Concern about abnormal ocean conditions off the North Coast is prompting a move by state wildlife officials to restrict next year’s abalone fishery, perhaps halving the number of sea snails individual hunters would be permitted to harvest and even lopping a month or two off the traditional seven-month season.

The dramatic cutback proposed for the popular recreational fishery comes as red abalone stocks are showing the severe effects of wide-scale habitat disruption, including the die-off of kelp forests, leading to starvation for abalone and other sea life.

While the survival of the species is not currently in question, the sustainability of the fishery is “threatened,” said Sonke Mastrup, environmental program manager for California Department of Fish and Wildlife’s marine region.

“We should try to be a little conservative until we know what is going to transpire, because if you overdo it, it’s hard to take back,” Mastrup said. “Once you’ve killed too many, you’ve killed too many.”

The state Fish and Game Commission is set to decide Wednesday in San Diego on the abalone harvest limits, including several proposals meant to protect stocks that draw divers and pickers by the thousands to the wave-battered Sonoma and Mendocino coasts from April to November each year.

Read more at: New limits posed for California’s abalone fishery amid poor ocean conditions | The Press Democrat

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Seafood’s new normal: An ecosystem at risk

Tara Duggan, SAN FRANCISCO CHRONICLE

In the shallow waters off Elk, in Mendocino County, a crew from the California Department of Fish and Wildlife dived recently to survey the area’s urchin and abalone populations. Instead of slipping beneath a canopy of leafy bull kelp, which normally darkens the ocean floor like a forest, they found a barren landscape like something out of “The Lorax.”

A single large abalone scaled a bare kelp stalk, hunting a scrap to eat, while urchins clustered atop stark gray stone that is normally striped in colorful seaweed.

“When the urchins are starving and are desperate, they will leave the reef as bare rock,” said Cynthia Catton, an environmental scientist with Fish and Wildlife. Warm seawater has prevented the growth of kelp, the invertebrates’ main food source, so the urchins aren’t developing normally; the spiky shells of many are nearly empty. As a result, North Coast sea urchin divers have brought in only one-tenth of their normal haul this year.

The plight of urchins, abalones and the kelp forest is just one example of an extensive ongoing disruption of California’s coastal ecosystem — and the fisheries that depend on it — after several years of unusually warm ocean conditions and drought. Earlier this month, The Chronicle reported that scientists have discovered evidence in San Francisco Bay and its estuary of what is being called the planet’s sixth mass extinction, affecting species including chinook salmon and delta smelt.

Baby salmon are dying by the millions in drought-warmed rivers while en route to the ocean. Young oysters are being deformed or killed by ocean acidification. The Pacific sardine population has crashed, and both sardines and squid are migrating to unusual new places. And Dungeness crab was devastated last year by an unprecedented toxic algal bloom that delayed the opening of its season for four months.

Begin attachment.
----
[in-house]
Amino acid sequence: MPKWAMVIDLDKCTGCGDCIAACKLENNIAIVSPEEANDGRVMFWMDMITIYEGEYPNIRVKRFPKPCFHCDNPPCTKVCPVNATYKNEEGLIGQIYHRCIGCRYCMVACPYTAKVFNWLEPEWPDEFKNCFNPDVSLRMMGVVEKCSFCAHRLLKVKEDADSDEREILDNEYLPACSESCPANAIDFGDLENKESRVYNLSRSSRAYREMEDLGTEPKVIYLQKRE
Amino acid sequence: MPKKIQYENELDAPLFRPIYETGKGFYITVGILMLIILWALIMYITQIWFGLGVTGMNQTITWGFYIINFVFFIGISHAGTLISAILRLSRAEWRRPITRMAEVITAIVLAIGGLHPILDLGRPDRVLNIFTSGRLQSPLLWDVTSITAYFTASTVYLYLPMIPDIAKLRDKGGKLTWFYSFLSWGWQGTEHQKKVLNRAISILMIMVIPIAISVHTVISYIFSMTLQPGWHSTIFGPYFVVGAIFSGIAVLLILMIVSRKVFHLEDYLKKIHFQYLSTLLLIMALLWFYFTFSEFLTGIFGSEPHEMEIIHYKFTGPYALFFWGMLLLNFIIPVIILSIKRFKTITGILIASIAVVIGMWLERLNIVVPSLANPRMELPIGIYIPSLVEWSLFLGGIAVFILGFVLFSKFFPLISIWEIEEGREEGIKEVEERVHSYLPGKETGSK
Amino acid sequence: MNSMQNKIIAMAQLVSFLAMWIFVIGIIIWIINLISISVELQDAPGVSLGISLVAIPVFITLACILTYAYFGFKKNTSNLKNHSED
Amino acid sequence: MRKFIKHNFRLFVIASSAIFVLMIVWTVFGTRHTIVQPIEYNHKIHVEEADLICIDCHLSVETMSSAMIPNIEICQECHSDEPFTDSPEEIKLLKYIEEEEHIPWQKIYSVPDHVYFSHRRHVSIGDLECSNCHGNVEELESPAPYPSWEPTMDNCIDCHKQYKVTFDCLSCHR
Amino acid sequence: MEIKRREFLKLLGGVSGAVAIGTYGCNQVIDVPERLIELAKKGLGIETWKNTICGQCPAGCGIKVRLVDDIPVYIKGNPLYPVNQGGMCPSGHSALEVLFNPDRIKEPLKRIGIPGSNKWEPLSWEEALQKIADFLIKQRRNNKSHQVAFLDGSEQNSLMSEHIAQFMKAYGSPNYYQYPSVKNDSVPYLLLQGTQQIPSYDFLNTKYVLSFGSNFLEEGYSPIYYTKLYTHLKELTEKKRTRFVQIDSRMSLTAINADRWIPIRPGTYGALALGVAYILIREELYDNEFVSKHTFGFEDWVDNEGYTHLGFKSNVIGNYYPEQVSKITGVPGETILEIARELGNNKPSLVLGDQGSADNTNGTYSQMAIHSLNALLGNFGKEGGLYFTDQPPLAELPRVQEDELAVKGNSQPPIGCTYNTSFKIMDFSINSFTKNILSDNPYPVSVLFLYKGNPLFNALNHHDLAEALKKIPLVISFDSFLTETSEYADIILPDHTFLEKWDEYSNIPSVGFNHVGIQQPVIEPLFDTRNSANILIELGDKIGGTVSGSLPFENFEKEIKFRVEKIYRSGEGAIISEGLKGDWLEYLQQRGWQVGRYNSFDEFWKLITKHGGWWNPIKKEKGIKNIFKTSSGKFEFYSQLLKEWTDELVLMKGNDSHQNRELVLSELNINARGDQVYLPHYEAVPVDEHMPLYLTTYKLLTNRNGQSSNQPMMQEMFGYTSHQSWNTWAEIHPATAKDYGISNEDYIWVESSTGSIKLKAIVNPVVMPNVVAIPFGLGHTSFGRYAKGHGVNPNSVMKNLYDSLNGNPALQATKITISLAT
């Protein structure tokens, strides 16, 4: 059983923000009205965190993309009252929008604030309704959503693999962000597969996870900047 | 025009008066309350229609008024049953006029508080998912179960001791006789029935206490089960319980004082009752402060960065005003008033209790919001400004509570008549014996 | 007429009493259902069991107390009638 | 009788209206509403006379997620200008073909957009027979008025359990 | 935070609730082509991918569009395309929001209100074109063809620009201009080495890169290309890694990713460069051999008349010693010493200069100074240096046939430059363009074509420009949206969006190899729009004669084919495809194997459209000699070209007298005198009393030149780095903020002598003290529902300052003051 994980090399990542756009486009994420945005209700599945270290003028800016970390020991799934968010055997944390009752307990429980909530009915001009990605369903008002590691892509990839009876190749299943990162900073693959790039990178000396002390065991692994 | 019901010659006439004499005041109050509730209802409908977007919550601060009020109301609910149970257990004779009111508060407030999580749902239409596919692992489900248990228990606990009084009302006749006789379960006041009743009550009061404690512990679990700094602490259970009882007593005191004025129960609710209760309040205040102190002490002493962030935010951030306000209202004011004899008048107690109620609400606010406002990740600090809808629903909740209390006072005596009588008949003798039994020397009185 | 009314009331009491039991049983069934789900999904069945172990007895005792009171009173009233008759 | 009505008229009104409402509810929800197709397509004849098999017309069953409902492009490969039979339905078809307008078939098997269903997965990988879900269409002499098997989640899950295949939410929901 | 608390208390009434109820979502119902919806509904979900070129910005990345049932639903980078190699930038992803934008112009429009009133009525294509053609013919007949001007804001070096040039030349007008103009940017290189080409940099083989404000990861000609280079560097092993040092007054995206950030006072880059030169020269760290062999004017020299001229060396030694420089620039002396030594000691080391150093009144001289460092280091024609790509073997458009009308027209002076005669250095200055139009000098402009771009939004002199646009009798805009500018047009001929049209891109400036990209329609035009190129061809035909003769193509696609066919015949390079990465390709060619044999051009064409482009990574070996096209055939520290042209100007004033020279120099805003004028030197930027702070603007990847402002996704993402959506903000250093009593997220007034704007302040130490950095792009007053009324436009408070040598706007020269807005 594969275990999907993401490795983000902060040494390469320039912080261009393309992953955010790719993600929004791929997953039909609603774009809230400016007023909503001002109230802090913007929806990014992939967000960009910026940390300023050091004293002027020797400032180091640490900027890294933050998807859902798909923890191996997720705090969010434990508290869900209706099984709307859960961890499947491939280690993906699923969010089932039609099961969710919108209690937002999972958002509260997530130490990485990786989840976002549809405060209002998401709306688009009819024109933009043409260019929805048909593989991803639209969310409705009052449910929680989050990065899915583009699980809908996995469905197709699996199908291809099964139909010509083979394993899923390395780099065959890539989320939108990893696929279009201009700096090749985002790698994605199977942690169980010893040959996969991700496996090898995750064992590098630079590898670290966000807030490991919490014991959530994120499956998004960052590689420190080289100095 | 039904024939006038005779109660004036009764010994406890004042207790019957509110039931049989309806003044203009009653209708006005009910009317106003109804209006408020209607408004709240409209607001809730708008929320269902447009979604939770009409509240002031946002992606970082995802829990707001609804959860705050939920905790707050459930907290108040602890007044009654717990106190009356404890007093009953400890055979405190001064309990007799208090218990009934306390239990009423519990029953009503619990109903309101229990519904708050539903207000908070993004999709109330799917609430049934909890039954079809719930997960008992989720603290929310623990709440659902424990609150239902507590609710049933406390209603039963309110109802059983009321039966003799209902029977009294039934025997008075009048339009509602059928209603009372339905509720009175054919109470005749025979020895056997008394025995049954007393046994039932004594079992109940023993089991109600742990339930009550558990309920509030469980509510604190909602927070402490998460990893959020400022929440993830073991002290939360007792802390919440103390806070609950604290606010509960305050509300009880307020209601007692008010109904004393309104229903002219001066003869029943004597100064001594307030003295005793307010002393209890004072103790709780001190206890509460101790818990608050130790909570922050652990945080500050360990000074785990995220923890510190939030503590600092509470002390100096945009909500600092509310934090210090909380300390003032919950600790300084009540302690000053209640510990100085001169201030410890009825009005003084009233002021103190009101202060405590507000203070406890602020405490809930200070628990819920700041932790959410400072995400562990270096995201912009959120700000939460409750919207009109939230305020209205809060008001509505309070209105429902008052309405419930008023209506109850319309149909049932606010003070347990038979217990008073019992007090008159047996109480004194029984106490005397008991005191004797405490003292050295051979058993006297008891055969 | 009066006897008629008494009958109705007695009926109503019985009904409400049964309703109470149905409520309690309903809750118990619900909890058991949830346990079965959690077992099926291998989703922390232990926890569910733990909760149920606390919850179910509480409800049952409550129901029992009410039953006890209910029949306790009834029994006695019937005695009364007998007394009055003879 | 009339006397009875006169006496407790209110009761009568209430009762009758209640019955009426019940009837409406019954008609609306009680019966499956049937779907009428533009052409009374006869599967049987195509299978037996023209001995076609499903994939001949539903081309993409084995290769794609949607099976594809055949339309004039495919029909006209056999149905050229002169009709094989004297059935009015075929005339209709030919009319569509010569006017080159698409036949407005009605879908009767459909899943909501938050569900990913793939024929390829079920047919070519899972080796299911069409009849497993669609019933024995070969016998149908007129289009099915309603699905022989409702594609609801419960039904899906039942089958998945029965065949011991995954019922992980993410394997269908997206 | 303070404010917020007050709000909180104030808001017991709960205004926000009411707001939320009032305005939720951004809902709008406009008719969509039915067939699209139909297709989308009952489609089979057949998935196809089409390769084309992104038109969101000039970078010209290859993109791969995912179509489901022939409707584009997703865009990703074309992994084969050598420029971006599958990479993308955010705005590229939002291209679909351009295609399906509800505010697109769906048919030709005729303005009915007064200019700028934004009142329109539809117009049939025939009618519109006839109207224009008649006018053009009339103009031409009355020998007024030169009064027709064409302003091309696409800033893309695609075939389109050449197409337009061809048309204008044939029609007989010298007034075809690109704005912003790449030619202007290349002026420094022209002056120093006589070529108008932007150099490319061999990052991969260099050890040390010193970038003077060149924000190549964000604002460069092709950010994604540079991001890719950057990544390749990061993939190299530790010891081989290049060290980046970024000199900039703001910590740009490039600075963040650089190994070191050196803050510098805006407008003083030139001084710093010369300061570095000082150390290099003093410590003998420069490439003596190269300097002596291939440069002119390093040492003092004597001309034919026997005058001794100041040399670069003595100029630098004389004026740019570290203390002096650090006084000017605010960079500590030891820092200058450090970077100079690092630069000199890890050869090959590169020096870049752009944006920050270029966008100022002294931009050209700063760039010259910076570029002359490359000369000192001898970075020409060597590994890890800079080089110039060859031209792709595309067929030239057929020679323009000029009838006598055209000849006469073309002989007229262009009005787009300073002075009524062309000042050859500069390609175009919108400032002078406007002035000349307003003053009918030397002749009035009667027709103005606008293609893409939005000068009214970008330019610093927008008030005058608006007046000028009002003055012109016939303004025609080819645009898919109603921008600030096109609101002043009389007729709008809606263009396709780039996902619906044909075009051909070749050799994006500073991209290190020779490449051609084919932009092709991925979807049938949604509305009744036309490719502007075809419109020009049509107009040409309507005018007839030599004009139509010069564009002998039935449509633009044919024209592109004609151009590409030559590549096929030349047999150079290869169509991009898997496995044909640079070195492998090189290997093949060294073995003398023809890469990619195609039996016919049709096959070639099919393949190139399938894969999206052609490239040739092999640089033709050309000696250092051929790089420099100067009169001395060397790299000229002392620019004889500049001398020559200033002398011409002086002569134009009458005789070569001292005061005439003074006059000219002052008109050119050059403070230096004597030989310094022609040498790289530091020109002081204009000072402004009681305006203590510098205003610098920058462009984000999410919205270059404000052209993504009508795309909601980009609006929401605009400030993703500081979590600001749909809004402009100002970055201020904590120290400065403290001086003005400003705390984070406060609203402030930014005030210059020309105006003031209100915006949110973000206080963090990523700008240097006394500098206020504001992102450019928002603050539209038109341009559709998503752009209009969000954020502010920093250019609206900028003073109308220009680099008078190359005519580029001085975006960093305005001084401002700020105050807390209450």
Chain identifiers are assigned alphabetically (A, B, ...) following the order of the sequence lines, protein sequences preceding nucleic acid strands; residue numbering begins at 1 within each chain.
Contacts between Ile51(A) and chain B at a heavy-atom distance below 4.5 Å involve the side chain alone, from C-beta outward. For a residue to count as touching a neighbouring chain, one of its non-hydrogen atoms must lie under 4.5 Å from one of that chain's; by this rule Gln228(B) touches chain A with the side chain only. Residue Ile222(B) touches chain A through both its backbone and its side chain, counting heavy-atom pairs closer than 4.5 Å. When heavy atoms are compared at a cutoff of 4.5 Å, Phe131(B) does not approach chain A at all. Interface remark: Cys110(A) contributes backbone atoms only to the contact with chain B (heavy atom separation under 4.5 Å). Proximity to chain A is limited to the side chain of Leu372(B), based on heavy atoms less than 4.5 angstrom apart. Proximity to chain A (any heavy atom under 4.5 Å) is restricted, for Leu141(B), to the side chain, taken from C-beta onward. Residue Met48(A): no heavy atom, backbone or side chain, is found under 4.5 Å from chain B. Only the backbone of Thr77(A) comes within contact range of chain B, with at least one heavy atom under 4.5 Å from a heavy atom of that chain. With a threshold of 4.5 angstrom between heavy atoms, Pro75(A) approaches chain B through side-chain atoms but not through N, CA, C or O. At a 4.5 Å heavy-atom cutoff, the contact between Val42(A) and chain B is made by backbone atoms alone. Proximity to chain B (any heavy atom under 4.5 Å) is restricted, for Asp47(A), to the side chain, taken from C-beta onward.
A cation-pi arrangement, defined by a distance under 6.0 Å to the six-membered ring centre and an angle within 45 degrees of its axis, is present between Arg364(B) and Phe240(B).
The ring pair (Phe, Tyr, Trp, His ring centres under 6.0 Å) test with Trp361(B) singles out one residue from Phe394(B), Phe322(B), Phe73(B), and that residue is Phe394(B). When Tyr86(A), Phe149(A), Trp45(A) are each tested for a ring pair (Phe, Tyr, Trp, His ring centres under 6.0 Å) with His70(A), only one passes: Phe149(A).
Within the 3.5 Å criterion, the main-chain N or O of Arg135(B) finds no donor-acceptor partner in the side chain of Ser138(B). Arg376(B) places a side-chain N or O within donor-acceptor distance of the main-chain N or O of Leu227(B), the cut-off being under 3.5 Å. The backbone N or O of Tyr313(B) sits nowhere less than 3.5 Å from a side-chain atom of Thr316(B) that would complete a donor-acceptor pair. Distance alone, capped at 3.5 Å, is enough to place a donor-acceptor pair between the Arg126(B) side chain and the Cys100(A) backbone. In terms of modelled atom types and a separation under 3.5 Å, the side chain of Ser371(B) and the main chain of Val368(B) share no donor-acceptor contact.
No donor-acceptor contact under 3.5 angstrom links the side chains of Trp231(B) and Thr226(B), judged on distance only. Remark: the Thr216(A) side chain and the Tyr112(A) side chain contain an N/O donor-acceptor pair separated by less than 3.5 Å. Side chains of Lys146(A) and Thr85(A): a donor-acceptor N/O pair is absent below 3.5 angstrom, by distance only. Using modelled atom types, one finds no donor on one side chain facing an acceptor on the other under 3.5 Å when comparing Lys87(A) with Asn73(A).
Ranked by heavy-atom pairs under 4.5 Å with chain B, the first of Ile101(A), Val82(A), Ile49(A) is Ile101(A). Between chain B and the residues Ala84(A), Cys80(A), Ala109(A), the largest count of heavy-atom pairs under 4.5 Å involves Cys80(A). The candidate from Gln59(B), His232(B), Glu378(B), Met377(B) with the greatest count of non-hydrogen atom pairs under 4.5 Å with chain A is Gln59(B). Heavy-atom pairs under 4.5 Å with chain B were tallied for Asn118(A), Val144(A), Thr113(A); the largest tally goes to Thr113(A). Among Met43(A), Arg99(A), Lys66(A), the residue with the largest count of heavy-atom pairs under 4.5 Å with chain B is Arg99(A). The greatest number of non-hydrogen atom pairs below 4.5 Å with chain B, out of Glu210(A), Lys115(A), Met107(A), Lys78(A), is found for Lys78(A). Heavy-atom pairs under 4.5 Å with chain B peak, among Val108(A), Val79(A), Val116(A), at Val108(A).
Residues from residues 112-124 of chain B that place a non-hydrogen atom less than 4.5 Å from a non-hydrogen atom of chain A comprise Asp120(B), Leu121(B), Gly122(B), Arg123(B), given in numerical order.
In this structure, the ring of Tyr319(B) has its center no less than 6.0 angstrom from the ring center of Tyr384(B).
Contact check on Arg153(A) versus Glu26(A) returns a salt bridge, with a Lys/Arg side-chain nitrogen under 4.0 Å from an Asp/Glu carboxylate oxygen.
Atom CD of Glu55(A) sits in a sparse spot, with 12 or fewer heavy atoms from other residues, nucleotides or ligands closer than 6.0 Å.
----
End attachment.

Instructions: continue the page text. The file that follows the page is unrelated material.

Read more at: Seafood’s new normal: An ecosystem at risk

Posted on Categories Sonoma Coast, WildlifeTags , , , ,

North Coast kelp beds ‘like a desert’ this year

Mary Callahan, THE PRESS DEMOCRAT

Abalone diver Richard Hayman already had been observing troubling shifts in underwater conditions off the North Coast when he found himself gazing around the ocean floor in Arena Cove with a new level of alarm.

“It’s like a desert out there,” he recalled, describing a barren underwater landscape stripped of vegetation by colonies of purple urchins that vastly outnumbered the mollusks he sought. It looked, he said, “like a fire went through.”

During 25 years of diving, Hayman had come to know the area offshore the Mendocino County town of Point Arena as a source of succulent abalones, abundant and plump with meat.

 In June, he came ashore with his limit of three, despite a substantial reduction in the number of shellfish he saw. But they were so withered that, once removed from their shells, the creatures weighed less than a third of what they normally would.

“They’re starving to death,” the Calistoga man said. “It’s obvious.”

Hayman, 52, was among a dozen veteran divers who recently shared their observations at the midway point to the 2016 red abalone season, which resumes Aug. 1 after a month-long break and runs through November.

What they revealed was near consensus that all is not as usual out there, off the edge of the land, beneath the waves.

Scientists had predicted as much just before the season’s April 1 start, describing an unprecedented collapse of the North Coast’s iconic bull kelp forest and the resulting gloomy outlook for the abalone fishery and the overall ecosystem.

Divers reporting in over the past few weeks — people like Napa diver Andy Treweek, 55 — witnessed as much in some areas, where they discovered a few undersized abalone living on near-barren ocean floor.

Read more at: North Coast kelp beds ‘like a desert’ this year